Split Rock Rehabilitation and Health Care Center received 29 citations for violations of public health laws between 2015 and 2019, according to New York State Department of Health records accessed on December 7, 2019. The Bronx nursing home’s citations resulted from a total of four inspections by state authorities. The violations they describe include the following:
1. The nursing home did take adequate measures to protect residents from abuse and neglect. Under Section 483.12 of the Federal Code, nursing homes are required to ensure residents’ right to be free “from abuse, neglect, misappropriation of resident property, and exploitation.” A February 2019 citation described Split Rock Rehabilitation and Nursing Center’s failure to ensure one resident’s freedom from physical abuse. The citation specifically describes a nurse’s statement that they witnessed a therapist slapping a resident on his right cheek. According to a note recorded by the nurse, the therapist used his left hand to slap the resident on his right cheek, which was noted to “have marks of fingerprints.” The resident was administered Tylenol and a cold compress. A plan of correction described in the citation states that the therapist was placed under arrest after the incident and terminated from the facility.
2. The nursing home did not properly implement its infection and control program. Under Section 483.80 of the Federal Code, nursing homes are required to “establish and maintain an infection prevention and control program” that helps to prevent the development and transmission of communicable diseases and infections. An August 2019 citation found that the facility did not ensure the proper maintenance of its infection control protocols. An inspector specifically found that a Respiratory Therapist did not conduct proper hand hygiene while caring for two residents, and that a Licensed Practical nurse did not conduct proper hand hygiene while changing a resident’s dressing. The citation found that these failures resulted in the “potential to cause more than minimal harm” to residents.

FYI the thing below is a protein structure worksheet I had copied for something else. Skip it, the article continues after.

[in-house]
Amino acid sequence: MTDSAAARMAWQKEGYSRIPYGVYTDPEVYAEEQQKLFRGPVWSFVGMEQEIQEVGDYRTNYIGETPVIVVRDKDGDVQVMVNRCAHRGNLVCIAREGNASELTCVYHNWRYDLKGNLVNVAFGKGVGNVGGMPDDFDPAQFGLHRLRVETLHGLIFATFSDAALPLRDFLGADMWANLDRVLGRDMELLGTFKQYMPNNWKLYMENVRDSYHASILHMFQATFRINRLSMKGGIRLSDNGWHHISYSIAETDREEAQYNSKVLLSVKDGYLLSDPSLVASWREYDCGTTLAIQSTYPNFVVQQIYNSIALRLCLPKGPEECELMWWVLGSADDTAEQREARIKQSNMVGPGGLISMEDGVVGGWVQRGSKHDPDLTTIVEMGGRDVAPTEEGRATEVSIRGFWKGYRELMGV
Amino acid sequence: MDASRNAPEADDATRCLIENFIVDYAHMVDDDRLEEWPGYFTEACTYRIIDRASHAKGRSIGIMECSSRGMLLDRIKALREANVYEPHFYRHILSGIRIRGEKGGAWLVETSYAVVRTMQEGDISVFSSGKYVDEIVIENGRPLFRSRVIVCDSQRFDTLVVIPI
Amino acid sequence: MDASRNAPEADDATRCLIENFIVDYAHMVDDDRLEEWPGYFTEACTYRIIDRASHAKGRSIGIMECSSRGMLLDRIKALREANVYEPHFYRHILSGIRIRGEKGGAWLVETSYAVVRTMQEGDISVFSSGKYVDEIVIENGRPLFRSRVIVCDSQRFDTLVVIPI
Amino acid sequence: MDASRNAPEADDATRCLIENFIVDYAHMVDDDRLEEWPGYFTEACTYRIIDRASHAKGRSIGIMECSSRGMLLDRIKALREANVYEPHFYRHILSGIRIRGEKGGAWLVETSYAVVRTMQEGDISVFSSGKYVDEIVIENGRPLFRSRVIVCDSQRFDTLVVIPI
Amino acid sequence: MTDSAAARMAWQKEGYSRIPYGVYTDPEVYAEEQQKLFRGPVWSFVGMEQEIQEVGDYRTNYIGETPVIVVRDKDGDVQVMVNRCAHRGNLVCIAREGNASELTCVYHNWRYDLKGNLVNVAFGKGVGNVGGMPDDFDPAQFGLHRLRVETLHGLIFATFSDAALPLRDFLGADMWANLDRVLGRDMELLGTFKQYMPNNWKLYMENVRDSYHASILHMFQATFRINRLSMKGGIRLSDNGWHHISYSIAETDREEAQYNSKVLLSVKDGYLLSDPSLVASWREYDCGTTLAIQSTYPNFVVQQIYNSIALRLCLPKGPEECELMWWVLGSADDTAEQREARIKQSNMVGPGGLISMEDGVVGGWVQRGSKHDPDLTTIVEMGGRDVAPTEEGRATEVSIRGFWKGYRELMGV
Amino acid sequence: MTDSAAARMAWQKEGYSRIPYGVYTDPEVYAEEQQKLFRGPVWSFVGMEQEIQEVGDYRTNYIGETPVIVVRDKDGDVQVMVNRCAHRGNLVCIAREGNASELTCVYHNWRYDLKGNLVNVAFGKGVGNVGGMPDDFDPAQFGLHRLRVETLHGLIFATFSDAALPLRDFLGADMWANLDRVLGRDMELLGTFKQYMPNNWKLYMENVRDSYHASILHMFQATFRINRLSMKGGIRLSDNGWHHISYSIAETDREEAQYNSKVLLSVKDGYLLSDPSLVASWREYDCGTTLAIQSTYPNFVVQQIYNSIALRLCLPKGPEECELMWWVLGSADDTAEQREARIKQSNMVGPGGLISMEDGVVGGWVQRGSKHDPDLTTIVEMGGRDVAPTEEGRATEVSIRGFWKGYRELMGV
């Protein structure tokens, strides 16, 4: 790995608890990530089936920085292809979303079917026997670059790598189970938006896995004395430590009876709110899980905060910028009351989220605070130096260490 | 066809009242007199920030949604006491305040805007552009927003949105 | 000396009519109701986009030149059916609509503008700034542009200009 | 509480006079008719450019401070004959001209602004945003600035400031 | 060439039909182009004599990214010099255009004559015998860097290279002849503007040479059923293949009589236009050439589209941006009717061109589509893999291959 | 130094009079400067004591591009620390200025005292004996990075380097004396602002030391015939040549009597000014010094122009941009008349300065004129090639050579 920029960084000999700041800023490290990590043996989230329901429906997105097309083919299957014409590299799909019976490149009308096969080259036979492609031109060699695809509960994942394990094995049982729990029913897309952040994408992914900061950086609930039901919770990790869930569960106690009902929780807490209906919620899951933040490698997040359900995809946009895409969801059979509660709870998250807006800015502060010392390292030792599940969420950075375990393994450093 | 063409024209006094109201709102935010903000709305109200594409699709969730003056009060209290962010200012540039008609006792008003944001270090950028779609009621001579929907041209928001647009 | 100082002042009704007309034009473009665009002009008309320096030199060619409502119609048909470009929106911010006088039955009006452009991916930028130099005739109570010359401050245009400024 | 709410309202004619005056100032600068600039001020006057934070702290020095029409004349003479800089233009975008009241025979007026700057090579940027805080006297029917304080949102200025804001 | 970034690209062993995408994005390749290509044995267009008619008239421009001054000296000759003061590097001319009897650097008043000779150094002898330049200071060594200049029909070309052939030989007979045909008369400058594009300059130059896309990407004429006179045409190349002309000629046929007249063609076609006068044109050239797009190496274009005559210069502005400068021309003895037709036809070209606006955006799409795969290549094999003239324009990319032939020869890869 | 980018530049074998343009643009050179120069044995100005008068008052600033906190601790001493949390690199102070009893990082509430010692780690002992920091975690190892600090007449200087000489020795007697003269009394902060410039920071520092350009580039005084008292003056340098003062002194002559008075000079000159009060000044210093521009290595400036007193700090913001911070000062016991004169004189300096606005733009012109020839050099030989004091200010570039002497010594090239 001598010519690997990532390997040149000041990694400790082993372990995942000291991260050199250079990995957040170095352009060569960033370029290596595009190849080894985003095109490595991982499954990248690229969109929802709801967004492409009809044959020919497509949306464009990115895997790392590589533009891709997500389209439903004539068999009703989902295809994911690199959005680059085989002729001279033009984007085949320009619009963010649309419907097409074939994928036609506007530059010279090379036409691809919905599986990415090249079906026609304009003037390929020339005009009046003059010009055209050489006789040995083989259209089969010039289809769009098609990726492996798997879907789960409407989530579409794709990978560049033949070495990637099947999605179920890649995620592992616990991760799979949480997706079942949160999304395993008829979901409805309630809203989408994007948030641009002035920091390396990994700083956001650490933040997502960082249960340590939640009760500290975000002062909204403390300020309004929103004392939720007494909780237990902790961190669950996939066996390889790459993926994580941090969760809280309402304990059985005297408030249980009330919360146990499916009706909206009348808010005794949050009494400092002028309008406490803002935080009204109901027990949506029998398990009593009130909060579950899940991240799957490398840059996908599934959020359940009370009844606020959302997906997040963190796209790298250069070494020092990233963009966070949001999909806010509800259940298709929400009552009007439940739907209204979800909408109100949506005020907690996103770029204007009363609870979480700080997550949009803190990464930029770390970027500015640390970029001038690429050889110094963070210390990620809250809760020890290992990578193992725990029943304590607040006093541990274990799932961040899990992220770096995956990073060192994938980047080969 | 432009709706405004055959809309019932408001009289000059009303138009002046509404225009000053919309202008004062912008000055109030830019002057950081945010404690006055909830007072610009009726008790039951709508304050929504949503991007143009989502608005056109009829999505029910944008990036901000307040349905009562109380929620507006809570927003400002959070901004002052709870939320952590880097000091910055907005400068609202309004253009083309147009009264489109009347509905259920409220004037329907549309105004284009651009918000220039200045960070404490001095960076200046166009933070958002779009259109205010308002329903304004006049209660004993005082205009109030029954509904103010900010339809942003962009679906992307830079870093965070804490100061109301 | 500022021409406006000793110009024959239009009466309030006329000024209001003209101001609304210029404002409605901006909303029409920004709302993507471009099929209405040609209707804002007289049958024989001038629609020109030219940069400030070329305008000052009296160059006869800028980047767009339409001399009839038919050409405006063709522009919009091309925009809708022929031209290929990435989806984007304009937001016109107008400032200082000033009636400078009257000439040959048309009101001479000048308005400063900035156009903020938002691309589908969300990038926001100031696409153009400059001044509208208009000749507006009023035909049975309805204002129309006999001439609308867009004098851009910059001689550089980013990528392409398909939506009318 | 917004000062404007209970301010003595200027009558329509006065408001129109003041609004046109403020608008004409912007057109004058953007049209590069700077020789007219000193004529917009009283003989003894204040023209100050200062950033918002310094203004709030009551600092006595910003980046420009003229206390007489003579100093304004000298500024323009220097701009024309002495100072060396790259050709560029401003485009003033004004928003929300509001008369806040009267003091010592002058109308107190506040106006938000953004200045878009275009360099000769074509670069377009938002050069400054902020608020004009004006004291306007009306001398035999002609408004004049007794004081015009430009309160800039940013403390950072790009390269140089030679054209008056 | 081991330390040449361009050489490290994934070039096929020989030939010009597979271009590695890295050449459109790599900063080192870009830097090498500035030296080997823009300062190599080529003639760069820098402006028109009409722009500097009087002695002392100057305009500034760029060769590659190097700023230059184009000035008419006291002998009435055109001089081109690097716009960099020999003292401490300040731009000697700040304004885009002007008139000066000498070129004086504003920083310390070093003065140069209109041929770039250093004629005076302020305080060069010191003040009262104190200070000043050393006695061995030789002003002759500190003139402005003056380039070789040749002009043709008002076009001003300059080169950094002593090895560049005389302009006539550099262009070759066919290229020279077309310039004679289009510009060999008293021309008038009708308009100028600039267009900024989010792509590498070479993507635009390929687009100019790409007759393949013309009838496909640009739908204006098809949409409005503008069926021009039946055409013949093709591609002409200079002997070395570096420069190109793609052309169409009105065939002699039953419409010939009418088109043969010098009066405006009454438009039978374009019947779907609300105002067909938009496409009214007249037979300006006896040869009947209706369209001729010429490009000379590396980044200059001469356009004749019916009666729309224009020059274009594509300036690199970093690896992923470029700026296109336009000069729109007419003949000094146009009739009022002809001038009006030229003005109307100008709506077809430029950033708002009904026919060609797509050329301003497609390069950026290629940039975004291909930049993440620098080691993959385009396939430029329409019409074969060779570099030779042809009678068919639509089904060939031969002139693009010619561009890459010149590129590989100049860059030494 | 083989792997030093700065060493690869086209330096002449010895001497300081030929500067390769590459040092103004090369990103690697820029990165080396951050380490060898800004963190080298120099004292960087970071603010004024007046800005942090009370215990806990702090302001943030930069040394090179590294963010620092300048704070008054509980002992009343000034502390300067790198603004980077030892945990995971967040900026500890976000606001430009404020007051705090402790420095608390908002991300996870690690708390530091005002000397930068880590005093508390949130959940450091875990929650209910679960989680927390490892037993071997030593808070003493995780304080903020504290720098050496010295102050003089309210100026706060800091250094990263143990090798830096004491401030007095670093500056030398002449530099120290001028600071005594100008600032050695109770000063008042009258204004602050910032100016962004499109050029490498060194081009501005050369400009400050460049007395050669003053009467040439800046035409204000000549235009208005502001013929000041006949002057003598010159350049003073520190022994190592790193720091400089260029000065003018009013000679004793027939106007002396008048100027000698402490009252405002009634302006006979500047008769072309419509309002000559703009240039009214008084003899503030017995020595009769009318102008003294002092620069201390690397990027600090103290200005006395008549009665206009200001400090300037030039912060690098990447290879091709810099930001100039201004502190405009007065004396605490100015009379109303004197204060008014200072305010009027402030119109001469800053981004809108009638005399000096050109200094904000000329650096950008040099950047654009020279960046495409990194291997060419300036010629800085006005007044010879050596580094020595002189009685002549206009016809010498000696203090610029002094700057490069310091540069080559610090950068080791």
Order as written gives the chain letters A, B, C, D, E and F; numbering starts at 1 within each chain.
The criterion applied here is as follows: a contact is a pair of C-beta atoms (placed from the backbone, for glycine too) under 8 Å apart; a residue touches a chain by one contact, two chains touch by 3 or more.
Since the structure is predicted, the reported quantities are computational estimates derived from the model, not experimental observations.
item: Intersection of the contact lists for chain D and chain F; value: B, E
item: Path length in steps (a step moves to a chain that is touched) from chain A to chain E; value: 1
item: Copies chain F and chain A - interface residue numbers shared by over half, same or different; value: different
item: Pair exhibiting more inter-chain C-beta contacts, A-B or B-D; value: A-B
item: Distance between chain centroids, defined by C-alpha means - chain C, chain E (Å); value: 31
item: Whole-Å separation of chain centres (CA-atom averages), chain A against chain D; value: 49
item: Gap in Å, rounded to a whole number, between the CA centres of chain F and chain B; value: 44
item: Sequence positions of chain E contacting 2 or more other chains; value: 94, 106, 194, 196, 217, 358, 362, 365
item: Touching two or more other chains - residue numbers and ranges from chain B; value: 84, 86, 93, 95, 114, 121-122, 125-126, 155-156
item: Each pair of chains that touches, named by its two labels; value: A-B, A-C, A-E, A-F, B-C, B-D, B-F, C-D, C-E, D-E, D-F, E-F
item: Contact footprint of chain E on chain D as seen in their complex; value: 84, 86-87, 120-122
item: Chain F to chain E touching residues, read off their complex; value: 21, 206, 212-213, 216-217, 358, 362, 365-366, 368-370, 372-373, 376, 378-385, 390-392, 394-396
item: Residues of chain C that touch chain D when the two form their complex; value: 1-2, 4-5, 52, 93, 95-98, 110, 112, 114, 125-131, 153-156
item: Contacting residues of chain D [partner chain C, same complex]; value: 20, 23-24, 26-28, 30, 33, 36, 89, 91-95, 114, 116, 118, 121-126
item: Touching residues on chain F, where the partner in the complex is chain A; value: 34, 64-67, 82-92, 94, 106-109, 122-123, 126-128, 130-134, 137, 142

3. The nursing home did not adequately implement food safety measures. Section 483.60 of the Federal Code requires that nursing homes must “procure food from sources approved or considered satisfactory by federal, state or local authorities” and further that they must provide for the professional storage, preparation, distribution and service of food and drink. According to an August 2019 citation, the nursing home did not ensure the maintenance of its equipment in a sanitary fashion, finding specifically that “the robot coupe R6N was still covered with grime and debris after staff cleaned it.” An inspector observed the device with “brown grime around the on and off knobs.” In an interview, the facility’s dietary aide said that the device was regularly cleaned and sanitized, and that the substance in question had “rust and discoloration.” A plan of correction undertaken by the facility provided for the proper cleaning and sanitizing of the device, as well as regular audits of equipment in the kitchen to ensure cleanliness.
The attorneys at the Law Offices of Thomas L. Gallivan, PLLC work diligently to protect the rights of nursing home residents. Please contact us to discuss in the event you have a potential case involving neglect or abuse.